‘‘Avoid using leaf blowers and other dust-producing equipment to cut down particulate matter,” recommends the California Air Resources Board. Why?
Simply put, leaf blowers kill. “Approximately 65,000 premature deaths from cardiopulmonary causes may be attributable to particulate air pollution each year,” according to the Natural Resources Defense Council. That's only people. Leaf blowers also kill bees, butterflies, insects, plants and wildlife. They are hazardous to human health and to the ground itself.
Also known as debris blowers, these industrial machines explode and then fire up at more than 100 mph hour and kick up chemicals, fungi, spores, animal fecal matter, molds, diesel soot, allergens and other toxic substances. They combine to compose deadly particulate matter.
Leaves, on the other hand, are one of nature's miracles. They tie it all together. They rise from the ground, reach to the sky and bring life to the Earth. Leaves do many good things — manufacture food for trees and other plants, use the sun's energy to transform carbon dioxide into carbohydrates and decompose water into oxygen and hydrogen. The resulting complex compound, glucose is the universal and basic energy source for all living organisms.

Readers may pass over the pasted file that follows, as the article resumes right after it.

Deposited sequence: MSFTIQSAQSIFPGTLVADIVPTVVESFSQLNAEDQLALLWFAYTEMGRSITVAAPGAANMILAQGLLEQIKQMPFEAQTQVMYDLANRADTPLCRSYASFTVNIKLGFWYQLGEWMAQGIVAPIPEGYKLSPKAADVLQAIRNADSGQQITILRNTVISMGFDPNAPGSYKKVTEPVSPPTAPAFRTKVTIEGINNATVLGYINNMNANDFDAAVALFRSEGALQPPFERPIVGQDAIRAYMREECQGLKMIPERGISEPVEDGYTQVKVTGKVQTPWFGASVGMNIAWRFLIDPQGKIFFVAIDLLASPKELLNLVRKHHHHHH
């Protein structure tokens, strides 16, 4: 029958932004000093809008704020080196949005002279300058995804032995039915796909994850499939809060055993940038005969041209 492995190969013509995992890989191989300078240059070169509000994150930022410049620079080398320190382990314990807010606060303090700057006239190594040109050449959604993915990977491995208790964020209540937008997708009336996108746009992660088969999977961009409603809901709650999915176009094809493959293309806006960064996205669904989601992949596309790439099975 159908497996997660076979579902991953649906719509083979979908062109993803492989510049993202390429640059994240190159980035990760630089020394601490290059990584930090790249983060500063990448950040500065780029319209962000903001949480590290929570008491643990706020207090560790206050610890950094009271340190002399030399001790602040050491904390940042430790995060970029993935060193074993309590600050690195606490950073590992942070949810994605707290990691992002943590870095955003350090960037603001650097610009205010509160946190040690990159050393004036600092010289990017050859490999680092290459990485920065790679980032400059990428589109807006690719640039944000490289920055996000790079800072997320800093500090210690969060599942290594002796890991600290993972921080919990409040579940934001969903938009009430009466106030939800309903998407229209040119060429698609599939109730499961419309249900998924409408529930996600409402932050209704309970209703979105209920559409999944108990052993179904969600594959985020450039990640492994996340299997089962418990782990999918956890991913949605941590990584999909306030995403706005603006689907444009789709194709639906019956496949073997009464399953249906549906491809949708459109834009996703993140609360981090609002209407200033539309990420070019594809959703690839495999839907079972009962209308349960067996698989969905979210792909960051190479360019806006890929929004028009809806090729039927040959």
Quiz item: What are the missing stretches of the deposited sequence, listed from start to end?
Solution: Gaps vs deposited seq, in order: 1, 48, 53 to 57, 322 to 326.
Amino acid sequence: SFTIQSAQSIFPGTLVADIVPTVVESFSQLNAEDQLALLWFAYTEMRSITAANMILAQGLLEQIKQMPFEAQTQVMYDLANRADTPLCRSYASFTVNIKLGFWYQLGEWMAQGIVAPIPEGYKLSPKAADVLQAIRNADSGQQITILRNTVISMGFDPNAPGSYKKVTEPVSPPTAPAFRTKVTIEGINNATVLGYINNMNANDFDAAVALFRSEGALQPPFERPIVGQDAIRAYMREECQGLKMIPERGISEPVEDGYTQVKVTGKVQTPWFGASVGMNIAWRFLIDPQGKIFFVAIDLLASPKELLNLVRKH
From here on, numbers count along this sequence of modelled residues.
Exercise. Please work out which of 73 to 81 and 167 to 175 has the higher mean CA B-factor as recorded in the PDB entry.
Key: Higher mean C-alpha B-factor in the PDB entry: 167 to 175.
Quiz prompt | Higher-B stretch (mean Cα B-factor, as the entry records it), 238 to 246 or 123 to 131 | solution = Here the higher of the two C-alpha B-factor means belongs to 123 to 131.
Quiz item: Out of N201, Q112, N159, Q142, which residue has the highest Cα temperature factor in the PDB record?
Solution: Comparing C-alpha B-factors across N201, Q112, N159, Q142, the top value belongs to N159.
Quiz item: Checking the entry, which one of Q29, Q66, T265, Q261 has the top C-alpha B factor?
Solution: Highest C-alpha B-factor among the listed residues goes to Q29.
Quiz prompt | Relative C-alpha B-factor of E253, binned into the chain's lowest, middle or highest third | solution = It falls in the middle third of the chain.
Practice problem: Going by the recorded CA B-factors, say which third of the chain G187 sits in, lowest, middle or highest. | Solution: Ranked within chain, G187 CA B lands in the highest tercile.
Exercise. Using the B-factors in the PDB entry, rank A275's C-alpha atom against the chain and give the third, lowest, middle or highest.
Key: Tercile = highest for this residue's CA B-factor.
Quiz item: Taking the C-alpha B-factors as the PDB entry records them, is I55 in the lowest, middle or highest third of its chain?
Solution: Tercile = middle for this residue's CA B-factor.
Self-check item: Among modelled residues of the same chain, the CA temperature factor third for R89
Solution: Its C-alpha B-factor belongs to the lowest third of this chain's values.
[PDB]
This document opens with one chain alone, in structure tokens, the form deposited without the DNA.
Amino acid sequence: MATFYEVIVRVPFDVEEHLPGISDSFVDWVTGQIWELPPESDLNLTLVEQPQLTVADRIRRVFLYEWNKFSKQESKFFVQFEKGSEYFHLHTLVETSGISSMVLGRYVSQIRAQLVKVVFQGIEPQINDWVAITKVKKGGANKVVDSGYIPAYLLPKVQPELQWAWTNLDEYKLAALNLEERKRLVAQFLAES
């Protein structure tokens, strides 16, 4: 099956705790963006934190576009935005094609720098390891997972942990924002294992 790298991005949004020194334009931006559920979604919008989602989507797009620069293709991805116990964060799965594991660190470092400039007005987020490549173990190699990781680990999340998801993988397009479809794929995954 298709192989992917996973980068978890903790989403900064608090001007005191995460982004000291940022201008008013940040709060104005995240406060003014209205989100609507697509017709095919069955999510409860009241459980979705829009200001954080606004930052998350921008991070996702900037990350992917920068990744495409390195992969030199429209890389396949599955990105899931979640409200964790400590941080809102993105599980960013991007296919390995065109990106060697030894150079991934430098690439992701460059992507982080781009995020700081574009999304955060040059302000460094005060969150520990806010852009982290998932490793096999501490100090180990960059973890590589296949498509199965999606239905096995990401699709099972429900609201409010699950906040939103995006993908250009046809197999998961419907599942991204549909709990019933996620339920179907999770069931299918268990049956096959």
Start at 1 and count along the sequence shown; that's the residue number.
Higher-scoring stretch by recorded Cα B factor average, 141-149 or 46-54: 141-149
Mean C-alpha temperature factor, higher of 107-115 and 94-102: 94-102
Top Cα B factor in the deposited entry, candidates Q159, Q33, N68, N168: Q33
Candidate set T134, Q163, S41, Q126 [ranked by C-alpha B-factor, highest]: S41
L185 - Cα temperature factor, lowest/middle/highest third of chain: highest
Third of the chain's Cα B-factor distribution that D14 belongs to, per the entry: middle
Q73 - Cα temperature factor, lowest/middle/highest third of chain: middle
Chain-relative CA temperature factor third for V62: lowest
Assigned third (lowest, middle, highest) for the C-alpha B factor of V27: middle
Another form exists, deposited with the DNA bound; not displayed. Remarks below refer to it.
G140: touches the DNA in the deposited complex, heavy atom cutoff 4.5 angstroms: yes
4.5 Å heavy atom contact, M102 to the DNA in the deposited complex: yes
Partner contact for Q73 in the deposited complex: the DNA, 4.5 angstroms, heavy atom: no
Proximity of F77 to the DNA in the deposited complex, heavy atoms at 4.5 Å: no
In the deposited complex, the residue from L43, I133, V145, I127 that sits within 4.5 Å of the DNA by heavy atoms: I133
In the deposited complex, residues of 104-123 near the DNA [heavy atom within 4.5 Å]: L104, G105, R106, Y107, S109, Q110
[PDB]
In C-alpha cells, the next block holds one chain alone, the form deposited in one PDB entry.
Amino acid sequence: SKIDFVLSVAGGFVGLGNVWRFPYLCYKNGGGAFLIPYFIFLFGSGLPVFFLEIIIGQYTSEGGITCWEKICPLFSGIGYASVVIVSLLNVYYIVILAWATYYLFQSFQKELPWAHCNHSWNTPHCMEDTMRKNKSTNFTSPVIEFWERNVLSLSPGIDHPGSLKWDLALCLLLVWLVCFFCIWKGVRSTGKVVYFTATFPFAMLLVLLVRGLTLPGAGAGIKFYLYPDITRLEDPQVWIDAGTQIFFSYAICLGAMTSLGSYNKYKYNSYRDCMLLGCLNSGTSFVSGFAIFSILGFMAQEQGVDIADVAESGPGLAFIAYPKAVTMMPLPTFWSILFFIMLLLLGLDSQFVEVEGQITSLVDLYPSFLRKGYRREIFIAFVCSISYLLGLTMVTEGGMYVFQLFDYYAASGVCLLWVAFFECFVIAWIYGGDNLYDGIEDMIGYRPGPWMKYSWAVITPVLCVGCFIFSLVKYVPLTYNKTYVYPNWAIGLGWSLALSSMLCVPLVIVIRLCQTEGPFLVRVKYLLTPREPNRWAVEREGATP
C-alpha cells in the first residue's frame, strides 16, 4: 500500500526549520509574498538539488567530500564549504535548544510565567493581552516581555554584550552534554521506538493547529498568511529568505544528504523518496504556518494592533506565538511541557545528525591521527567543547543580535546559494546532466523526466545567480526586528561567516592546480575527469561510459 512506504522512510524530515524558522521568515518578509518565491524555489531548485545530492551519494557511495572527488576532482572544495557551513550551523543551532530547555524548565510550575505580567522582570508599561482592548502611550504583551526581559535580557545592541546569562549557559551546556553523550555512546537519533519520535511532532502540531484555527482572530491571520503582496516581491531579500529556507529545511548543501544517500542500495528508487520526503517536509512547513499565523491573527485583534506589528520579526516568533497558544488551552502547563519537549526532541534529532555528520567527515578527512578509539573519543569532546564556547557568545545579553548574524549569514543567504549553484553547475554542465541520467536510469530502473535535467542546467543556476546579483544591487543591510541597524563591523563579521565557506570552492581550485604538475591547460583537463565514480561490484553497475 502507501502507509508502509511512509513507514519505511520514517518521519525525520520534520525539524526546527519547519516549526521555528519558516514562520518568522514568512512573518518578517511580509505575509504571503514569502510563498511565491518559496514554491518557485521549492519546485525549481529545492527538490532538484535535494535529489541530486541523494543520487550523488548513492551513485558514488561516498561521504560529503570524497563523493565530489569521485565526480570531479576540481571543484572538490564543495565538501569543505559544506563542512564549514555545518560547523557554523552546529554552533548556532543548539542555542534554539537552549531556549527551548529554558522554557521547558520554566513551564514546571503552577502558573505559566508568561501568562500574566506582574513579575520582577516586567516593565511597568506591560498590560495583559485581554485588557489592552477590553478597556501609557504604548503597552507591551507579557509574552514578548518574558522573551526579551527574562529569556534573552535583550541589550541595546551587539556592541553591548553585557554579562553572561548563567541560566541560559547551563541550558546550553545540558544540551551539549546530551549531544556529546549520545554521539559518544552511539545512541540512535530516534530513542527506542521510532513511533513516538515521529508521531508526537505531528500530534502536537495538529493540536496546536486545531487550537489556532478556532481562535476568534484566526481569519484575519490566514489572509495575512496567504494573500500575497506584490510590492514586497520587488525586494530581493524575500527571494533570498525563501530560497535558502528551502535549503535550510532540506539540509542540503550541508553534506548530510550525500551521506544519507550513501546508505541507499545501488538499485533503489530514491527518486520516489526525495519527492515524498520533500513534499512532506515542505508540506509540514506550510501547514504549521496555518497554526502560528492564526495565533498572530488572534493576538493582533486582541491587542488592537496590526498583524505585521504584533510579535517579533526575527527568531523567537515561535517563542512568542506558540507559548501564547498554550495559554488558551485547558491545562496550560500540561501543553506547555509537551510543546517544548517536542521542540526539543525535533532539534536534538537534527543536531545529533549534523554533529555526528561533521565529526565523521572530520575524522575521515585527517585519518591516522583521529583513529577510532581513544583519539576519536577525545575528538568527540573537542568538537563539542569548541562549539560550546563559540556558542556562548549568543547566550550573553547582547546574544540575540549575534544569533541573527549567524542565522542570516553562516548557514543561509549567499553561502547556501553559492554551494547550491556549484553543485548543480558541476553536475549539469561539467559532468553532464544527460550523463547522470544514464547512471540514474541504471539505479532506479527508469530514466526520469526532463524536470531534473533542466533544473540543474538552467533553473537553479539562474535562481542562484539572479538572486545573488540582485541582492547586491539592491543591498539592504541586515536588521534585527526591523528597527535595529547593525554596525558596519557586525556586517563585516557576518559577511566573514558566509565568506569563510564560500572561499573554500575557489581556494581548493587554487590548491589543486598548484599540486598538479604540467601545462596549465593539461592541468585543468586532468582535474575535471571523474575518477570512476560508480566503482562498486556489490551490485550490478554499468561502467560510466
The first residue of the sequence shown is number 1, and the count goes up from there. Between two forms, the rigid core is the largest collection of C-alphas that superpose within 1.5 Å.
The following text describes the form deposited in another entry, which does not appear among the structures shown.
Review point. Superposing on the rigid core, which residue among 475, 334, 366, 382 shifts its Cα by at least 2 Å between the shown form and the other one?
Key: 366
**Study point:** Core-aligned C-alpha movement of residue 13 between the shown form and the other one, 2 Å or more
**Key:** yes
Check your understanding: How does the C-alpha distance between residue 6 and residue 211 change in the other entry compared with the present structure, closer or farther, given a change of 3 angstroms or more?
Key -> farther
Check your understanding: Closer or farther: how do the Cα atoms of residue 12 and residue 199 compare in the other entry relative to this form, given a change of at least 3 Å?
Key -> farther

Leaves fall to the ground and remain there, literally digging in. They beckon one of their partners — rain — and soften drops when they hit the ground protected by a carpet of decaying leaves, which retains the water. Even when brown and dead, their transformative work continues—first as mulch, then as compost, and eventually integrating into the topsoil.
This is why, though it is difficult to determine exact figures, around 400 U.S. and 100 California municipalities have already banned leaf blowers. Carmel banned them in l975. Other cities restricting them include Los Angeles, Sacramento, Palo Alto, Mill Valley and Tiburon. So millions of humans are already protected. But no Sonoma County city bans them, yet.